At thirty-four years of age, Dallon Miller still thrived off being the oldest of his three brothers. He kept this joy close and quiet. He treasured it. Whenever something great would happen to one of his younger brothers, he would smile and congratulate them but inside he would feel terribly jealous. So Dallon would think to himself, "Well, I'm still the oldest." Oddly, that was all he needed to feel better.
Dallon's youngest brother, Mike, was turning thirty. Life had been good to him. Mike decided to buy himself a present for being so lucky. A new car. Well, it was four years old but it was new to Mike. He decided to invite his family over to celebrate his life at a birthday party.
When Dallon heard the news, he smiled and graciously accepted the invitation to come to the birthday party. But inside, his stomach reeled with anger. Why was Mike doing all this? Dallon reminded himself he was the oldest but this time it didn't help. There was no more comfort in being alive four and a half years longer than Mike.
Dallon thought of a better idea. He went to the nearest car dealer and bought himself a brand-new Ford F-350. It was white and chrome and beautiful. It was all he needed to feel better.
Dallon's choice of vehicle seemed like a mystery to anyone outside his own mind. He wasn't the outdoorsy type. He lived in the suburbs of Salt Lake City, so there was certainly no need for a large truck, unless he was planning on using it to help his friends move large pieces of furniture. If this was his intention, he certainly confused his friends by repeatedly turning them down when they asked for such assistance. The real reason Dallon chose the truck was deep inside himself. He couldn't say why, but it filled a truck-shaped hole in his soul.
The day of Mike's Birthday party arrived and Dallon was anxious to show his kid brother his new and better toy. Dallon hopped into his fantastic new truck and headed north up the I-15 to his brothers house. While on route, Dallon felt like a king. It might have been because he sat a few feet higher from the asphalt, or maybe it was because other motorists could see themselves in his chrome as Dallon cruised by in the fast lane.
Some people might think Dallon should have bought a sports car. He drove well over the speed limit and a large truck wasn't best suited for such use. Despite the gas he drained, he drove faster. Now he was taller and faster than anyone else on the freeway.
When the interstate thinned out to two lanes, Dallon grew impatient. The speed limit dropped to 65 MPH. Cars in the fast lane drove 75 MPH and Dallon wanted to drive 85 MPH. Dallon found yet another solution to the mathematics and physics of the situation. Intimidation.
Dallon came up behind the car in the fast lane. He crept uncomfortably close. The car, surely feeling inferior, quickly changed lanes and allowed Dallon to pass. It worked like a charm. Dallon was invincible in his gorgeous new truck. He sped-up past the weaker cars and tried his new trick on the next opponent. Again, as he crept up behind the car it changed lanes and yielded to Dallon's superiority. The next twenty-minutes went on the same way. He plowed through the traffic and his confidence grew.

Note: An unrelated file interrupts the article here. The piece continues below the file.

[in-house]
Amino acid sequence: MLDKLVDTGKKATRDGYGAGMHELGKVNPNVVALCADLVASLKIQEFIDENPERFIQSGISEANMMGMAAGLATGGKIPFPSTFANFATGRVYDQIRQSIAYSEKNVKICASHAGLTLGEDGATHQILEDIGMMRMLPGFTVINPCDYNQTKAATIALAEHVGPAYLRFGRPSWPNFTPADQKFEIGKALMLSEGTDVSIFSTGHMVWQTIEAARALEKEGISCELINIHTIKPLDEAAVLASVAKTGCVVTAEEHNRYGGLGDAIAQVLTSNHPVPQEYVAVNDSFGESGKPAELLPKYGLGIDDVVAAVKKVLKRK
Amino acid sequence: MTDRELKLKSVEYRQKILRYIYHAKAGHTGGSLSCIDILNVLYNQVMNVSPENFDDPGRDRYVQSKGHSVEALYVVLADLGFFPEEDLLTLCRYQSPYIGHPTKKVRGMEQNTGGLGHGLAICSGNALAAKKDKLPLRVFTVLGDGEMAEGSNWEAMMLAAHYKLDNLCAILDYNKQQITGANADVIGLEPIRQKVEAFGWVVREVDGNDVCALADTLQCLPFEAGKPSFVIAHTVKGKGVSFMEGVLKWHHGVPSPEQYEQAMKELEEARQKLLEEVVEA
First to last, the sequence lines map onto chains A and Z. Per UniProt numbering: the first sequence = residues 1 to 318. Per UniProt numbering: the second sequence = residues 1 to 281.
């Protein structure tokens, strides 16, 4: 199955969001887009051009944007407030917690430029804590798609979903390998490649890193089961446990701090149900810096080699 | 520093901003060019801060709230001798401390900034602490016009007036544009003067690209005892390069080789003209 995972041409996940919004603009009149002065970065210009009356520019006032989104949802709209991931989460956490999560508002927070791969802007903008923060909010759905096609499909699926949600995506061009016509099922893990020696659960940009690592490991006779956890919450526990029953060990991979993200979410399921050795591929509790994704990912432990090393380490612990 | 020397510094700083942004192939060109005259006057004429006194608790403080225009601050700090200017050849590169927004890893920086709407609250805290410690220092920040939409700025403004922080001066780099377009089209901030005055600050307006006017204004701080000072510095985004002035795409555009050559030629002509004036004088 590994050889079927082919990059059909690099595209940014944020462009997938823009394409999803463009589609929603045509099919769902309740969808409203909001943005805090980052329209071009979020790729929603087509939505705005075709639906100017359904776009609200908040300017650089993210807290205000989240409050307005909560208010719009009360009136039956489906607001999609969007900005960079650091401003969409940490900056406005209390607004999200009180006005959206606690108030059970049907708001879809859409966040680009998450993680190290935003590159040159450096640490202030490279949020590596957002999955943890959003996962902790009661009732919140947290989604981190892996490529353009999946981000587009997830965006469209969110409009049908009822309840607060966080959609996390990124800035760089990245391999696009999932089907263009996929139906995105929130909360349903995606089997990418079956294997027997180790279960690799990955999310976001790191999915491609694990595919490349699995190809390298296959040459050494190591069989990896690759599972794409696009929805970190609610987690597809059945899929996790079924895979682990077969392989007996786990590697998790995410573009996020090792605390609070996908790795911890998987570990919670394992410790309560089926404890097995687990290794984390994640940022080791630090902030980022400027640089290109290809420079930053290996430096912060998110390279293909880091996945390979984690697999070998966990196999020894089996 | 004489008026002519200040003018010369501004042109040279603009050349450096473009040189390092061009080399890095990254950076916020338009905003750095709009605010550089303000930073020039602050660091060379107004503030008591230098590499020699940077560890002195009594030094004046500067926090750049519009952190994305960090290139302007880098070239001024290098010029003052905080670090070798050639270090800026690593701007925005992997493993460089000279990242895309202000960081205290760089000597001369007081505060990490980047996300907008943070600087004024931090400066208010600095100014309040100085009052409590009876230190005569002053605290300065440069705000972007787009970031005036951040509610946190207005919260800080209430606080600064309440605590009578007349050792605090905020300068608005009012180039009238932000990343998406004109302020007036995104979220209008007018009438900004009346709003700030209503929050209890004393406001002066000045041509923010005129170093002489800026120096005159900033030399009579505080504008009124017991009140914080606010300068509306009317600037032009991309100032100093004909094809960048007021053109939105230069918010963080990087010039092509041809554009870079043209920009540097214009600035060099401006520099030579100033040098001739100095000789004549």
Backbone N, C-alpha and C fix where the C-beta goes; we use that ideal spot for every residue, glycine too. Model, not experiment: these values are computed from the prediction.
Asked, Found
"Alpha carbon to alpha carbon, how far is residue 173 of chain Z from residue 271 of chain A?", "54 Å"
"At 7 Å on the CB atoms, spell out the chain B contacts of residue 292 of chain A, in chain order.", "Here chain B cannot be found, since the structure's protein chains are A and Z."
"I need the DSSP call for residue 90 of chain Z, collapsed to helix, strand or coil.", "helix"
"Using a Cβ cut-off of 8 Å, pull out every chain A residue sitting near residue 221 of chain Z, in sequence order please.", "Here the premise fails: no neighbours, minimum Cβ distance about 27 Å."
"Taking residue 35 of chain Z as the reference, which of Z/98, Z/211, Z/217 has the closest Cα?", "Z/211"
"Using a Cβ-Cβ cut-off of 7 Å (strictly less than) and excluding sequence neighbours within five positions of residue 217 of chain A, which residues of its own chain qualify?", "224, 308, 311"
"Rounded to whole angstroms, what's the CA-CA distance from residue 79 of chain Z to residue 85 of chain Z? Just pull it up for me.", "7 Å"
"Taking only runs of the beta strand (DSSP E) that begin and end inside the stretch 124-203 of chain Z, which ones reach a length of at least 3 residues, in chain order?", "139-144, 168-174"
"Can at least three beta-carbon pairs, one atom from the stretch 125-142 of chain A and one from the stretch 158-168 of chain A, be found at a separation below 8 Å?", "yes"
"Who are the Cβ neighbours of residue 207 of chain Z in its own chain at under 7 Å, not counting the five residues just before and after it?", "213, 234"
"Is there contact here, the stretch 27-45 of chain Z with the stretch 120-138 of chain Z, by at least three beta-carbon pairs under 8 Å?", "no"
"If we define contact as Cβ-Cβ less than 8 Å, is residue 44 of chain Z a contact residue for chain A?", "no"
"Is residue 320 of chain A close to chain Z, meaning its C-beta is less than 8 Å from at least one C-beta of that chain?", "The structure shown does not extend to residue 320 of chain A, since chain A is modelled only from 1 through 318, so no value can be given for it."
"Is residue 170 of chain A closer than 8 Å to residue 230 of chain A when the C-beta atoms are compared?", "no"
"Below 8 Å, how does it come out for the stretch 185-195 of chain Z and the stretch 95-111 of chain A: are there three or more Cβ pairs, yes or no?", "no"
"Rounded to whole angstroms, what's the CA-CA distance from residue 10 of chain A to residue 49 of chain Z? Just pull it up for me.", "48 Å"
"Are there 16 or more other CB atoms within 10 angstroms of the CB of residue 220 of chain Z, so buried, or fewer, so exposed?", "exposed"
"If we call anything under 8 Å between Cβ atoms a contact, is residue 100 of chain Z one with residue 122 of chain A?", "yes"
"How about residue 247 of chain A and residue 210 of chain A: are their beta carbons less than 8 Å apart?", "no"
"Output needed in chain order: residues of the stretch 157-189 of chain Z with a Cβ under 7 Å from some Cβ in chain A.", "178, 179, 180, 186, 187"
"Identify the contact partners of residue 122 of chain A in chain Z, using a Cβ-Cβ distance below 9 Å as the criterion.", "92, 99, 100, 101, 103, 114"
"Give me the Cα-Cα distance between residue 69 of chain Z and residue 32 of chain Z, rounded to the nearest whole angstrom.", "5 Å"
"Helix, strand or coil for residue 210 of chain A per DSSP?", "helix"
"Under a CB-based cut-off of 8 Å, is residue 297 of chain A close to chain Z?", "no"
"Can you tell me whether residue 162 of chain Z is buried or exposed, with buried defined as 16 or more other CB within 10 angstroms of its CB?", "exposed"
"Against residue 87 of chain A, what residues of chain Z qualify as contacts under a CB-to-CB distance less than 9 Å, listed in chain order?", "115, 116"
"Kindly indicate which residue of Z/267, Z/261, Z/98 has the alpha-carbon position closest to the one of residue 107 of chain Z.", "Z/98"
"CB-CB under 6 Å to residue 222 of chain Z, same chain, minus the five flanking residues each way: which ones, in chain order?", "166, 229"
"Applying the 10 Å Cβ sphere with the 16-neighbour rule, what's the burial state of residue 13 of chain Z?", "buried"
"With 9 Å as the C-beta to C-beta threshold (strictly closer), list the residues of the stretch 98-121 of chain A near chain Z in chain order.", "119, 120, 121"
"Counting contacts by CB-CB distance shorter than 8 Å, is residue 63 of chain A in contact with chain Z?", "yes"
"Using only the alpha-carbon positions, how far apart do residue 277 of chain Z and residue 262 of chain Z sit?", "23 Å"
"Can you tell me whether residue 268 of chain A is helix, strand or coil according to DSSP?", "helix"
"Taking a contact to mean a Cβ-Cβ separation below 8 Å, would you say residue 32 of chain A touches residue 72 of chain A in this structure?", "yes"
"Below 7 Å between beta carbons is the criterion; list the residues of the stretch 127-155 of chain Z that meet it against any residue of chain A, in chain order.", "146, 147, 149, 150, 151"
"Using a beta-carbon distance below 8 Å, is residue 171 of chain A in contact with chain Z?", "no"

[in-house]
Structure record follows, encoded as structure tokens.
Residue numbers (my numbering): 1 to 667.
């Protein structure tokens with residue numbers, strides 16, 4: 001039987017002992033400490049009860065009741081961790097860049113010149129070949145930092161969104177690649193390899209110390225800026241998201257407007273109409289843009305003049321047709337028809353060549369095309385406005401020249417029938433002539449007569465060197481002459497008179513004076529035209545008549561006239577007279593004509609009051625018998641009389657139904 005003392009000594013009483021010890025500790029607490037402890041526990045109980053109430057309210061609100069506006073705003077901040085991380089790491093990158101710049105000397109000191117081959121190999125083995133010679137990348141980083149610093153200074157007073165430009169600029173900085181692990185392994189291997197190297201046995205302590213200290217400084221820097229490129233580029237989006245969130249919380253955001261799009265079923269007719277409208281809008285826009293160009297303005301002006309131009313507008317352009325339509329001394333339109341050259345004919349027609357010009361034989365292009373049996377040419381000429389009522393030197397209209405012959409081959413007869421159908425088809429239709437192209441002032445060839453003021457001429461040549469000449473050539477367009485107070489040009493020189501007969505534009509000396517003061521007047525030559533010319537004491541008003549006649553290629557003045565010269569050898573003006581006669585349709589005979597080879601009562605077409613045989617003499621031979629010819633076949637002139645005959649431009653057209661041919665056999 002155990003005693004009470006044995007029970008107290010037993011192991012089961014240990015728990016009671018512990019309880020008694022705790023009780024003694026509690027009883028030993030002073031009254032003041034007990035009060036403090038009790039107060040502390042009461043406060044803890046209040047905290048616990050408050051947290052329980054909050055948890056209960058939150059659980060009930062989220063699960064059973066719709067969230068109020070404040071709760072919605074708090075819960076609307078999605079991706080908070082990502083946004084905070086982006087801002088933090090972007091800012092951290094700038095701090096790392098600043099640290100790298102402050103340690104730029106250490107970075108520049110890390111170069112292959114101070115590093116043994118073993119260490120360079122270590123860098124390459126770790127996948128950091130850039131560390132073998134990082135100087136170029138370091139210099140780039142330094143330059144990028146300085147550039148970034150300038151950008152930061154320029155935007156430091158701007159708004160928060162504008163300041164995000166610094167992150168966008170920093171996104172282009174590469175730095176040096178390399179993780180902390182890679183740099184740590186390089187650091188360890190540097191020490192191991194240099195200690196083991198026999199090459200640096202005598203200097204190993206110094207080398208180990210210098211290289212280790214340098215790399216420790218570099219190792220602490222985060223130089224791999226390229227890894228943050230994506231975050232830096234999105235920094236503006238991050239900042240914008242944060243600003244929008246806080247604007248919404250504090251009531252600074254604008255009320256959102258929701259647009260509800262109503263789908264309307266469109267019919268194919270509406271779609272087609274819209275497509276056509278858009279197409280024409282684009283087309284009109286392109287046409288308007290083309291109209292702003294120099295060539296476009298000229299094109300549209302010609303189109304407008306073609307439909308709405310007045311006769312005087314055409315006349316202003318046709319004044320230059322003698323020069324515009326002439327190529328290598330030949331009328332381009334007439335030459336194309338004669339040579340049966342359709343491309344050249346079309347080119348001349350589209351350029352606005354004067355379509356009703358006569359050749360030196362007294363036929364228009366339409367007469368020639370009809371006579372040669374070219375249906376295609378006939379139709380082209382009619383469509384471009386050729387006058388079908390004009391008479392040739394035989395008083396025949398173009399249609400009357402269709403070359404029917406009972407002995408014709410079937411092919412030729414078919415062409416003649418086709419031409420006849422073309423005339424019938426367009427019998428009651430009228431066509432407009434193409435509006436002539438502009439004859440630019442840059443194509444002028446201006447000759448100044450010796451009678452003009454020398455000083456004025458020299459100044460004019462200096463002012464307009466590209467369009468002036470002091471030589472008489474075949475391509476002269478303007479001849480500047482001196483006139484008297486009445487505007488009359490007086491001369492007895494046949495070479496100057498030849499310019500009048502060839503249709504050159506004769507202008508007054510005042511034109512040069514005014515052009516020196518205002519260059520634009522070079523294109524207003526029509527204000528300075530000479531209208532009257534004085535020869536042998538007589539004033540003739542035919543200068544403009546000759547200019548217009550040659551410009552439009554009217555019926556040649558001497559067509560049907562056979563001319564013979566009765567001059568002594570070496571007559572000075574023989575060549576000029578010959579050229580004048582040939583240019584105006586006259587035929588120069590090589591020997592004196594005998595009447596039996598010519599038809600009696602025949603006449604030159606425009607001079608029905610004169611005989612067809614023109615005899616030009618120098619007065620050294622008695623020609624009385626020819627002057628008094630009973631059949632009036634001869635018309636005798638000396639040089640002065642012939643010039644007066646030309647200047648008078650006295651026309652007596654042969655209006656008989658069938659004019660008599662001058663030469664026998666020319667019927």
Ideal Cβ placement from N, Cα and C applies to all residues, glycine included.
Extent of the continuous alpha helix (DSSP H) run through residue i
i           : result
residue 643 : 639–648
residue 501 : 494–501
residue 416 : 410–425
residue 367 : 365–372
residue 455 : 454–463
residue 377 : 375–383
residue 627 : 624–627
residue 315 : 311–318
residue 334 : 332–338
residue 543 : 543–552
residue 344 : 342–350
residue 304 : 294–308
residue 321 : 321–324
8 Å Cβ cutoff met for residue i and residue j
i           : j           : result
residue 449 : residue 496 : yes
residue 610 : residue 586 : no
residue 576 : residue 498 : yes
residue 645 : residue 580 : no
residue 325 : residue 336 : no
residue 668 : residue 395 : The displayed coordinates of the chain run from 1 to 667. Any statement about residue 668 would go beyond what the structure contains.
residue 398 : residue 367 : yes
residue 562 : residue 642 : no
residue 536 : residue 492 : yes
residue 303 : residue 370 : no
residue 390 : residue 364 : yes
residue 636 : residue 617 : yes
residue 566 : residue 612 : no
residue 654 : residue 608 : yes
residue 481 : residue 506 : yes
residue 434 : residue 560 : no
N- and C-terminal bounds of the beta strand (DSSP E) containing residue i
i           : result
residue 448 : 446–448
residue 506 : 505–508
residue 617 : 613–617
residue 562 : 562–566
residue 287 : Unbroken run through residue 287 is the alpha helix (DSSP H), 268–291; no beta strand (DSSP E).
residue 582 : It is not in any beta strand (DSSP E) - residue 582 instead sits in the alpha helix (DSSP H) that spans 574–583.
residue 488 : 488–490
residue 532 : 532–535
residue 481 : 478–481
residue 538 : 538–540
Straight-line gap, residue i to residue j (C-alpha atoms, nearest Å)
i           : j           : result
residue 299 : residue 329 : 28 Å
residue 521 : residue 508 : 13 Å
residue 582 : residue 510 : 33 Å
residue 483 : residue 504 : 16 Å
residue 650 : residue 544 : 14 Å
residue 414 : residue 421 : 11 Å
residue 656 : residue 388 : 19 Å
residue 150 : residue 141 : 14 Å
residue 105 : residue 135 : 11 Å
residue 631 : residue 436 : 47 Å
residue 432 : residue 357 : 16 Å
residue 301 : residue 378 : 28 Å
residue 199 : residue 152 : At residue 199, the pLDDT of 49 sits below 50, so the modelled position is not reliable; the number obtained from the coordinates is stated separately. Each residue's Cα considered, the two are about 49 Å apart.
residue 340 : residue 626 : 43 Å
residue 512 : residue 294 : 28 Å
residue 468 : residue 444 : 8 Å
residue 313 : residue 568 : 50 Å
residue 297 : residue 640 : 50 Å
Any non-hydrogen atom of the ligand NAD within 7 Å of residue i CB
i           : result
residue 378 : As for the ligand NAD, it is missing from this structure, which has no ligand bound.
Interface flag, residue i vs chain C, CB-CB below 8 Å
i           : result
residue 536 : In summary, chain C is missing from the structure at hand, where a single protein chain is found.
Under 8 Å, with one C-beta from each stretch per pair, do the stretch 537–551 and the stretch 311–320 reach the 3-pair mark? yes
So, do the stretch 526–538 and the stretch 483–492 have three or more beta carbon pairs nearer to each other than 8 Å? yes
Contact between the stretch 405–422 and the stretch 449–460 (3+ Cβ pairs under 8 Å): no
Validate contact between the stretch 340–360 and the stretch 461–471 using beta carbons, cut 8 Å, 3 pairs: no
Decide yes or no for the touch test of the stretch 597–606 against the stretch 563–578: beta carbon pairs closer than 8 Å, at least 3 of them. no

A little white Toyota drove in the fast lane. Dallon's next obstacle. It was driving 80 MPH, well over the speed-limit. Dallon tailgated the little car and crept even closer to add a little urgency, but the Toyota wouldn't budge. Annoyed, Dallon inched closer to make his point. The Toyota didn't move.
"He's not paying any attention to his mirrors," Dallon said to himself. "That's dangerous." He decided to back off, only a little, and try a faster approach. When he tried his latest scare tactic, the little Toyota made a sharp, one-second break then continued driving as before.
"You're going to kill someone!" Dallon screamed as if the little Toyota could hear. "I can't believe you just break checked me!" Dallon was so outraged that he almost didn't see the exit coming. He snapped to attention, signaled and changed lanes so he could make the exit.
The little Toyota changed just as quickly and was, again, the only obstacle between Dallon and the exit. It must have been some sort of challenge. Why would the little Toyota want to mess with such a massive truck?
Dallon turned the wheel and approached the exit, this time without signaling. The little Toyota must have anticipated such a move because it also turned off the exit ahead of Dallon.
The reality set in. "You want to fight over this?" Dallon yelled at the Toyota. He balled his fists around the steering wheel and prepared for a very, very serious conversation.
The Little Toyota pulled into the parking lot of the closest gas station. A good place to draw some blood. Dallon revved his engine as he pulled up along side the Toyota. With one last deep breath, Dallon opened the door and dropped the distance to the ground where he would make his stand.
At ground level, Dallon could finally see inside the Toyota for the first time. His own 12-year-old niece sat in the passenger seat holding a brightly wrapped gift. The drivers door opened and Mike popped up, looking angry and confused. "Dallon?" He said.